Selling :- Large farms usually sell to an agent who will come with a team and catch all the fish (usually the water is pumped out of one pond into an other). Its easy but you get less/Kg than the market. Catch you own and sell on the market, more money but you need to catch them and sell them a local market will only support so many fish you may well find that you supply outstrips demand.

I had to get a pond dug anyway and as my land slopes from the farm the run-off water is very rich (all the cow dung) I'm suffering from a lot of drainage at the moment, but I have plenty of water from my bore hole to top up if nessesary. Since its there anyway I may as well stock it. We are doing low intensity stocking just for selling in the shop and personal consumption, with the the stock rate I have it's virtually free money as the fish dont need feeding much. Mabye next year I'll do more just seeing this year if the water will stay ect.

richard10365

Some good points on your post.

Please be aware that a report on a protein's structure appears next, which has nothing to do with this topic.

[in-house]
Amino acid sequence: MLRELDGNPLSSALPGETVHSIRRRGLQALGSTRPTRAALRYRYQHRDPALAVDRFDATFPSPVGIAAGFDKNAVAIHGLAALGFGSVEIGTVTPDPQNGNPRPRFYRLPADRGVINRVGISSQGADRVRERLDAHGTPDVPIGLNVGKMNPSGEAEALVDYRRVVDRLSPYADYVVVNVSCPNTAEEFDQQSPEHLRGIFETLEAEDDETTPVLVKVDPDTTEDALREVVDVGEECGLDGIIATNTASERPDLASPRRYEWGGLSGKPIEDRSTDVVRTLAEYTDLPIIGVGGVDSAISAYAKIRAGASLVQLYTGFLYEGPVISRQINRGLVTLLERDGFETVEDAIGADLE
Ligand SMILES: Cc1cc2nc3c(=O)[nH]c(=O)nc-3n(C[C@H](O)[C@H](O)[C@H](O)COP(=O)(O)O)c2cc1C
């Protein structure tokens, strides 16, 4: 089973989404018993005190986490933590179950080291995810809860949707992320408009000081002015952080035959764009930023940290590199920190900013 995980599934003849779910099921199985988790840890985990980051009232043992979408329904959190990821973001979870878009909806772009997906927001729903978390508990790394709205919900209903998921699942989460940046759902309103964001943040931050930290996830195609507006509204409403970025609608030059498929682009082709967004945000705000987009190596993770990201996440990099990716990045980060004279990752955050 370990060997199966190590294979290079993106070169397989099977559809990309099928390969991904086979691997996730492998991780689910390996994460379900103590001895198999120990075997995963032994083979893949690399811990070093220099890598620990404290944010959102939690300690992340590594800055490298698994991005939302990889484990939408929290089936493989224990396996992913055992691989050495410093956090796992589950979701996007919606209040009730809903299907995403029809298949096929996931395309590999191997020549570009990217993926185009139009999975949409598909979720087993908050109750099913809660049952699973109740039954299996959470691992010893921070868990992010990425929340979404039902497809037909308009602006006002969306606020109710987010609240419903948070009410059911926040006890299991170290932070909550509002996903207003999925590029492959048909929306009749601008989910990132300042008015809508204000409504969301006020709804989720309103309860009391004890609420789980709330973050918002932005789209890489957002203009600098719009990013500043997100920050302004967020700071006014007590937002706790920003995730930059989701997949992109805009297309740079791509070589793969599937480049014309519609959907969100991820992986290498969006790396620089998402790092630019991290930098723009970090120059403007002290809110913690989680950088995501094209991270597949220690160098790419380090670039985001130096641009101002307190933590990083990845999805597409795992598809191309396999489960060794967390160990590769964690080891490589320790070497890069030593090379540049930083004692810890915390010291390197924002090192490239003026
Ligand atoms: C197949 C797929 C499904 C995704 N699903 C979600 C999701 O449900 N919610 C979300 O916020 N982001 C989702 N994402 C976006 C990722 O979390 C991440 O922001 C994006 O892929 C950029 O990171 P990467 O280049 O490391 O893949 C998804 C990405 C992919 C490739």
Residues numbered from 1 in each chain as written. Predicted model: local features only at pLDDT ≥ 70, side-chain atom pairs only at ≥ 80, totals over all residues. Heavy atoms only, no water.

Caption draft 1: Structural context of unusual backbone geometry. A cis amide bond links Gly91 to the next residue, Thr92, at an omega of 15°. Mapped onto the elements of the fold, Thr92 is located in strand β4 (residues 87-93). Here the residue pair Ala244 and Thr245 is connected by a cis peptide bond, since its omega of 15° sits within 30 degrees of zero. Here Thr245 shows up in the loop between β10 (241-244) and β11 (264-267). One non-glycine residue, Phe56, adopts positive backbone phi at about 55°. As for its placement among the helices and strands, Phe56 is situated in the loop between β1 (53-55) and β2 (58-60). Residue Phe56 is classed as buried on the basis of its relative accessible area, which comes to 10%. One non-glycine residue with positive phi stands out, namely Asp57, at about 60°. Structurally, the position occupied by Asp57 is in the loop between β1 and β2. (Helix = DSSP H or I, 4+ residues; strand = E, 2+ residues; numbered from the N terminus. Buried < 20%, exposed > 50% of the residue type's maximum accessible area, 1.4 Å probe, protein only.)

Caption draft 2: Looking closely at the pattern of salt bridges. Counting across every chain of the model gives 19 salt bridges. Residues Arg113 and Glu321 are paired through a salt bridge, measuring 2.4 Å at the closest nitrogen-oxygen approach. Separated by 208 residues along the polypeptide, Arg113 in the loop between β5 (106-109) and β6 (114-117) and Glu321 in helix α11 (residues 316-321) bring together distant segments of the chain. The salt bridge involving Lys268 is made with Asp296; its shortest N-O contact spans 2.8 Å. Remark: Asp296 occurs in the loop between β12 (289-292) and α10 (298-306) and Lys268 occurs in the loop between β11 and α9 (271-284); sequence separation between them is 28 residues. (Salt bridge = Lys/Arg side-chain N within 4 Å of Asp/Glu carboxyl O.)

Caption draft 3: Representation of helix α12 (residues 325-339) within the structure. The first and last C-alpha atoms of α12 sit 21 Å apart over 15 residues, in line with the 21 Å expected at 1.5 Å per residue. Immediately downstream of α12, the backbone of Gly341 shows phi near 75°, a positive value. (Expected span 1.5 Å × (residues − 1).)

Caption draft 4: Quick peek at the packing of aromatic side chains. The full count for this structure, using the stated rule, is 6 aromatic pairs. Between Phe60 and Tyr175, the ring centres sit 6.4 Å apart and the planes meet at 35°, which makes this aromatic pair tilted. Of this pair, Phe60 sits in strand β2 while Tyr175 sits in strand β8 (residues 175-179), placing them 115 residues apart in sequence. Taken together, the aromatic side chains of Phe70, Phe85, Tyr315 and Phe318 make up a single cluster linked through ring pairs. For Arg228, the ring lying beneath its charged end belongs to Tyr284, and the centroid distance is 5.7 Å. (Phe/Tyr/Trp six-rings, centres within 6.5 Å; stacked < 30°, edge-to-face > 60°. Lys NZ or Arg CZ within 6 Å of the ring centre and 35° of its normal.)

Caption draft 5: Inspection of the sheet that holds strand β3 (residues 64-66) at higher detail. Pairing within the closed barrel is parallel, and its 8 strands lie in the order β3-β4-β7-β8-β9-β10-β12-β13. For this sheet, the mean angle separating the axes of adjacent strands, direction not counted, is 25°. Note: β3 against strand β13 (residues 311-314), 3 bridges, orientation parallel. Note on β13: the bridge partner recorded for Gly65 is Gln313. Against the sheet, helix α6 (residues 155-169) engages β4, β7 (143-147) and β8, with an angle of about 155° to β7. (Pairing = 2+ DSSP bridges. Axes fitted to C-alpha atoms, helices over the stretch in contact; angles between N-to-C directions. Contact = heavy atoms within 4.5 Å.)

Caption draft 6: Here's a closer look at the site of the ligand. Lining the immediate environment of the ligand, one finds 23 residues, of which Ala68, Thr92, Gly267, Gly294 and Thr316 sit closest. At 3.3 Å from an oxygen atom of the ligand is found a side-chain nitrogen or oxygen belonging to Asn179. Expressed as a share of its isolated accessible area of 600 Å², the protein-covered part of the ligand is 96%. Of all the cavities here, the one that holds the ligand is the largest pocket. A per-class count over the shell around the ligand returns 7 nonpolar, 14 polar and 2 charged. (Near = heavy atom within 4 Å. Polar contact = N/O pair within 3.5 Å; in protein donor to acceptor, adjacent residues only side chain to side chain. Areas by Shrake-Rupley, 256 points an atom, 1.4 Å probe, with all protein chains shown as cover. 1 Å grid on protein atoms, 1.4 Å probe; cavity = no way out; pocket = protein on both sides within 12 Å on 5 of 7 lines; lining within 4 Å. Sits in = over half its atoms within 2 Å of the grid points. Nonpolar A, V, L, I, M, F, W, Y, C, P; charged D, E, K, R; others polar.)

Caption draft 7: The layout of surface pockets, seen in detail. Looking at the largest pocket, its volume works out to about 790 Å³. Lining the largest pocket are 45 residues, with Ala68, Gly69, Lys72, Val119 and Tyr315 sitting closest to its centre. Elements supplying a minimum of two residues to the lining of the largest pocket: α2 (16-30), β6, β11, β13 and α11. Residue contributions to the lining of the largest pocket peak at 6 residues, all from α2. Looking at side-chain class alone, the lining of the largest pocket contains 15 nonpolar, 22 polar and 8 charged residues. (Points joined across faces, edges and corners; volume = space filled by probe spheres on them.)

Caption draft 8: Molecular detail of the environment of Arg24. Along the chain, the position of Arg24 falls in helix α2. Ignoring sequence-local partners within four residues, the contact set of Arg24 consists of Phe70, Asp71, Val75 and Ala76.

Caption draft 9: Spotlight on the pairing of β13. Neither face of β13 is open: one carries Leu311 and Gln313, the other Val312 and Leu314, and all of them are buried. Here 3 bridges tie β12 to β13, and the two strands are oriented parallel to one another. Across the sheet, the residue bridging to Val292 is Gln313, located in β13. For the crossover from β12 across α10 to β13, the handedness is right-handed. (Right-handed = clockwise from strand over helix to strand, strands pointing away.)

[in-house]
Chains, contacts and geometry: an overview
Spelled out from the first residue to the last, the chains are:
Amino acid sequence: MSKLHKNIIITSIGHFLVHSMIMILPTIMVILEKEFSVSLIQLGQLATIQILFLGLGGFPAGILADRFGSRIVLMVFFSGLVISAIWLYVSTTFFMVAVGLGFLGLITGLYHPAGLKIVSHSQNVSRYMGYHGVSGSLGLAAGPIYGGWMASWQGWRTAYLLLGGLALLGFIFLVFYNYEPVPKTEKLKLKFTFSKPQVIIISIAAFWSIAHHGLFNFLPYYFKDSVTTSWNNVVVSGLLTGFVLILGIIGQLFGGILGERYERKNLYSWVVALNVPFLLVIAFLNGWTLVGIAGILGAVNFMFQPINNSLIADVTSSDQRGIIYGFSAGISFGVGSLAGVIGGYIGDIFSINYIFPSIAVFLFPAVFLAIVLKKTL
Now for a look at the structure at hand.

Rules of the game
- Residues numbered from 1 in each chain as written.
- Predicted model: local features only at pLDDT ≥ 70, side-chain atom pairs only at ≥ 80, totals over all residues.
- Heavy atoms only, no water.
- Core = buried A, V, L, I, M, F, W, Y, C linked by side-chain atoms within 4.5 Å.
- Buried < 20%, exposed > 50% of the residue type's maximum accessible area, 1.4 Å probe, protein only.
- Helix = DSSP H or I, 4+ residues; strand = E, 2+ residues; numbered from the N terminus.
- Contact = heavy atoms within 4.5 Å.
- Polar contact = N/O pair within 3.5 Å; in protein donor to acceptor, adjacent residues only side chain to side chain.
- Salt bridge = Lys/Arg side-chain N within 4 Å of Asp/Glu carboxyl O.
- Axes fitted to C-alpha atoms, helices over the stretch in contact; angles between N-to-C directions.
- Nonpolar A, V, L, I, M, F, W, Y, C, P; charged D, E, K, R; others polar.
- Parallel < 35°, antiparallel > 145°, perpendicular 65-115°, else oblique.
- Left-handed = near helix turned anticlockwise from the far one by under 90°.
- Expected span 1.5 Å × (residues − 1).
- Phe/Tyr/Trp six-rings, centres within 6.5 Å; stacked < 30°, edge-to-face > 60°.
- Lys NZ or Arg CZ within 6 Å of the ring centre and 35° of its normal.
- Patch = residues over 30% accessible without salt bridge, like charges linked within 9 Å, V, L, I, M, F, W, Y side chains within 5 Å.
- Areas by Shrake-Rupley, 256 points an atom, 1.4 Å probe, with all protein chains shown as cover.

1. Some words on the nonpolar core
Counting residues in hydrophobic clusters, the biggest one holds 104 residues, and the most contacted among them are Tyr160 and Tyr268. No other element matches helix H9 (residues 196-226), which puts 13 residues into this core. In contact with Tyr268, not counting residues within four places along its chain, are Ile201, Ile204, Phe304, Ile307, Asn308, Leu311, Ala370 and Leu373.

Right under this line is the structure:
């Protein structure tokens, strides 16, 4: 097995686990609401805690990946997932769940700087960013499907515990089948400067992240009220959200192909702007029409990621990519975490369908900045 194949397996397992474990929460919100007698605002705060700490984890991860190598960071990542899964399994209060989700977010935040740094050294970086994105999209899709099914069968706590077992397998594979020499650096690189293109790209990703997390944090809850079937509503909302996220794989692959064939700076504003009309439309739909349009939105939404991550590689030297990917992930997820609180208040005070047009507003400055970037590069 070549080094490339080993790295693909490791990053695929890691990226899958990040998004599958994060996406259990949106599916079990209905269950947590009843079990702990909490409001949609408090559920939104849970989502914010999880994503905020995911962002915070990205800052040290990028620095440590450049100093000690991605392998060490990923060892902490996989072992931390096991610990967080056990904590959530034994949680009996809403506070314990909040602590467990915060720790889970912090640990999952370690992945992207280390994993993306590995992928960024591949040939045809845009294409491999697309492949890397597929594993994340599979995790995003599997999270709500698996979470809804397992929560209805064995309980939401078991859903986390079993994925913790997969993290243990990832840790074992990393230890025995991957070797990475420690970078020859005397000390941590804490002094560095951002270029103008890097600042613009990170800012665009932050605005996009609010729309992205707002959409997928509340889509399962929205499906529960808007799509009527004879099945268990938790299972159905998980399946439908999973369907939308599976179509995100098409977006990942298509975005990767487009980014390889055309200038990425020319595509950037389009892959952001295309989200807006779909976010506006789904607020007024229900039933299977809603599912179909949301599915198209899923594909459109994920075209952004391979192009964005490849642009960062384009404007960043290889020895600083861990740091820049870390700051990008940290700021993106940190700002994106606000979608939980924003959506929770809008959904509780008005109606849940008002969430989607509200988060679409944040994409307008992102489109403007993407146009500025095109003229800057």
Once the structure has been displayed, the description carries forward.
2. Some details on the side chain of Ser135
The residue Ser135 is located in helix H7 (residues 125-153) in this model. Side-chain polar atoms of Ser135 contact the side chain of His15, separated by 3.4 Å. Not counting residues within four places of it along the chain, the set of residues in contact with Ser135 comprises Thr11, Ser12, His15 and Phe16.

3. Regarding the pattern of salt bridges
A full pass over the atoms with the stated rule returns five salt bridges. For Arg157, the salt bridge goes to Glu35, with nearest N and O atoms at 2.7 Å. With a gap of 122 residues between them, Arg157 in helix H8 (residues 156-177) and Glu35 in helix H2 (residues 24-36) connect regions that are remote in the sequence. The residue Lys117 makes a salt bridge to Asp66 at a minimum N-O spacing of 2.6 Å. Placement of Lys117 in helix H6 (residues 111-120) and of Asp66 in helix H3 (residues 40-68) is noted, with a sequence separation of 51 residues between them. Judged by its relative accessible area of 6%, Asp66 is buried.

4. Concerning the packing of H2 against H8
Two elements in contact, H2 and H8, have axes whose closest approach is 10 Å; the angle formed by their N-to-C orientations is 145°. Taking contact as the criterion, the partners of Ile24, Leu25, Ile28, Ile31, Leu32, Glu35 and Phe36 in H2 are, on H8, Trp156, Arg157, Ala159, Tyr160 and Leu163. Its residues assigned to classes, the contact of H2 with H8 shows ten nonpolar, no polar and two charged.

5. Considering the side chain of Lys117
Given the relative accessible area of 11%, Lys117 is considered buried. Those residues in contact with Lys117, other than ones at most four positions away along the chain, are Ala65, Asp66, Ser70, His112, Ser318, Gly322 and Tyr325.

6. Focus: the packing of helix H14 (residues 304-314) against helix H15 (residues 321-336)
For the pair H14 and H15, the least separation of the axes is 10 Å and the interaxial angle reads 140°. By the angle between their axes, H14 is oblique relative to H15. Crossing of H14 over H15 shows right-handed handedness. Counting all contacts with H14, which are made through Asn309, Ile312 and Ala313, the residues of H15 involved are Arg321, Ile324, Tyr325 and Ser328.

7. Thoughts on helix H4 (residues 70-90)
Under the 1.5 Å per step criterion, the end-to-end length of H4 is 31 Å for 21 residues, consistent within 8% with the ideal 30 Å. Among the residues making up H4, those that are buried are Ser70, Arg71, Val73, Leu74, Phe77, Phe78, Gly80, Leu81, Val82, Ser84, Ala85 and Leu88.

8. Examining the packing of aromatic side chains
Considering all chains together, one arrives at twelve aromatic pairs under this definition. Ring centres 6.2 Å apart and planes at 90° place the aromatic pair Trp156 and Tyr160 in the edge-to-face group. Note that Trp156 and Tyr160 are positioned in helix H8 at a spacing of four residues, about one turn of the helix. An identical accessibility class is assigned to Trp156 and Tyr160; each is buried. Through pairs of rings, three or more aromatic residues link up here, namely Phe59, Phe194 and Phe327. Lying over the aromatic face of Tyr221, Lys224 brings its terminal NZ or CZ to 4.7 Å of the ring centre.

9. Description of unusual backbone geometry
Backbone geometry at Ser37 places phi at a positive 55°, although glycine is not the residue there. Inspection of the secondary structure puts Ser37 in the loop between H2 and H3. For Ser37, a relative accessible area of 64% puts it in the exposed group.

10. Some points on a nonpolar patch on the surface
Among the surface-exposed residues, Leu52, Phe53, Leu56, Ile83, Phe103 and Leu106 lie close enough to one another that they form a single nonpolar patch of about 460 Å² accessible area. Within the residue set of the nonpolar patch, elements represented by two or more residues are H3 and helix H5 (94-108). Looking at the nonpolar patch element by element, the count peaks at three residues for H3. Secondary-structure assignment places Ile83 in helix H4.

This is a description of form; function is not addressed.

I assume they are 15Kg bags as fish food is around 25 Bhat/kg.

You will get a certian ammount of natural wastage (fish dieing) I've been told this can be as much as 20% so I would 'nt expect to be selling 6000 fish if I was you.

7 fish = 1 kilo = 35 baht at the market
This worksout to about 150 grams a fish! What fish are they? usually they are sold much bigger than that depending on the type.

Bird's are not a problem as far as I'm aware here.

Anyway fish farming probably works but I would 'nt rely on it as a sole income unless you are prepared to go into it in a big way.

Edited by RamdomChances

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Tornado is a fish farmer......... or was. :o

really? :D

I own a prawn farm or better still, some land with a hole in it. I stopped them working it as they were putting in to many chemicals.

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This is my first time I have seen fish raising done.

If it dosent work well, I don't think I will do it again. If it works well, I will look at ways of improving the process.

My wife says she could have saved money buy buying directly from Chonburi instead of having them delivered. That might be something she does different next time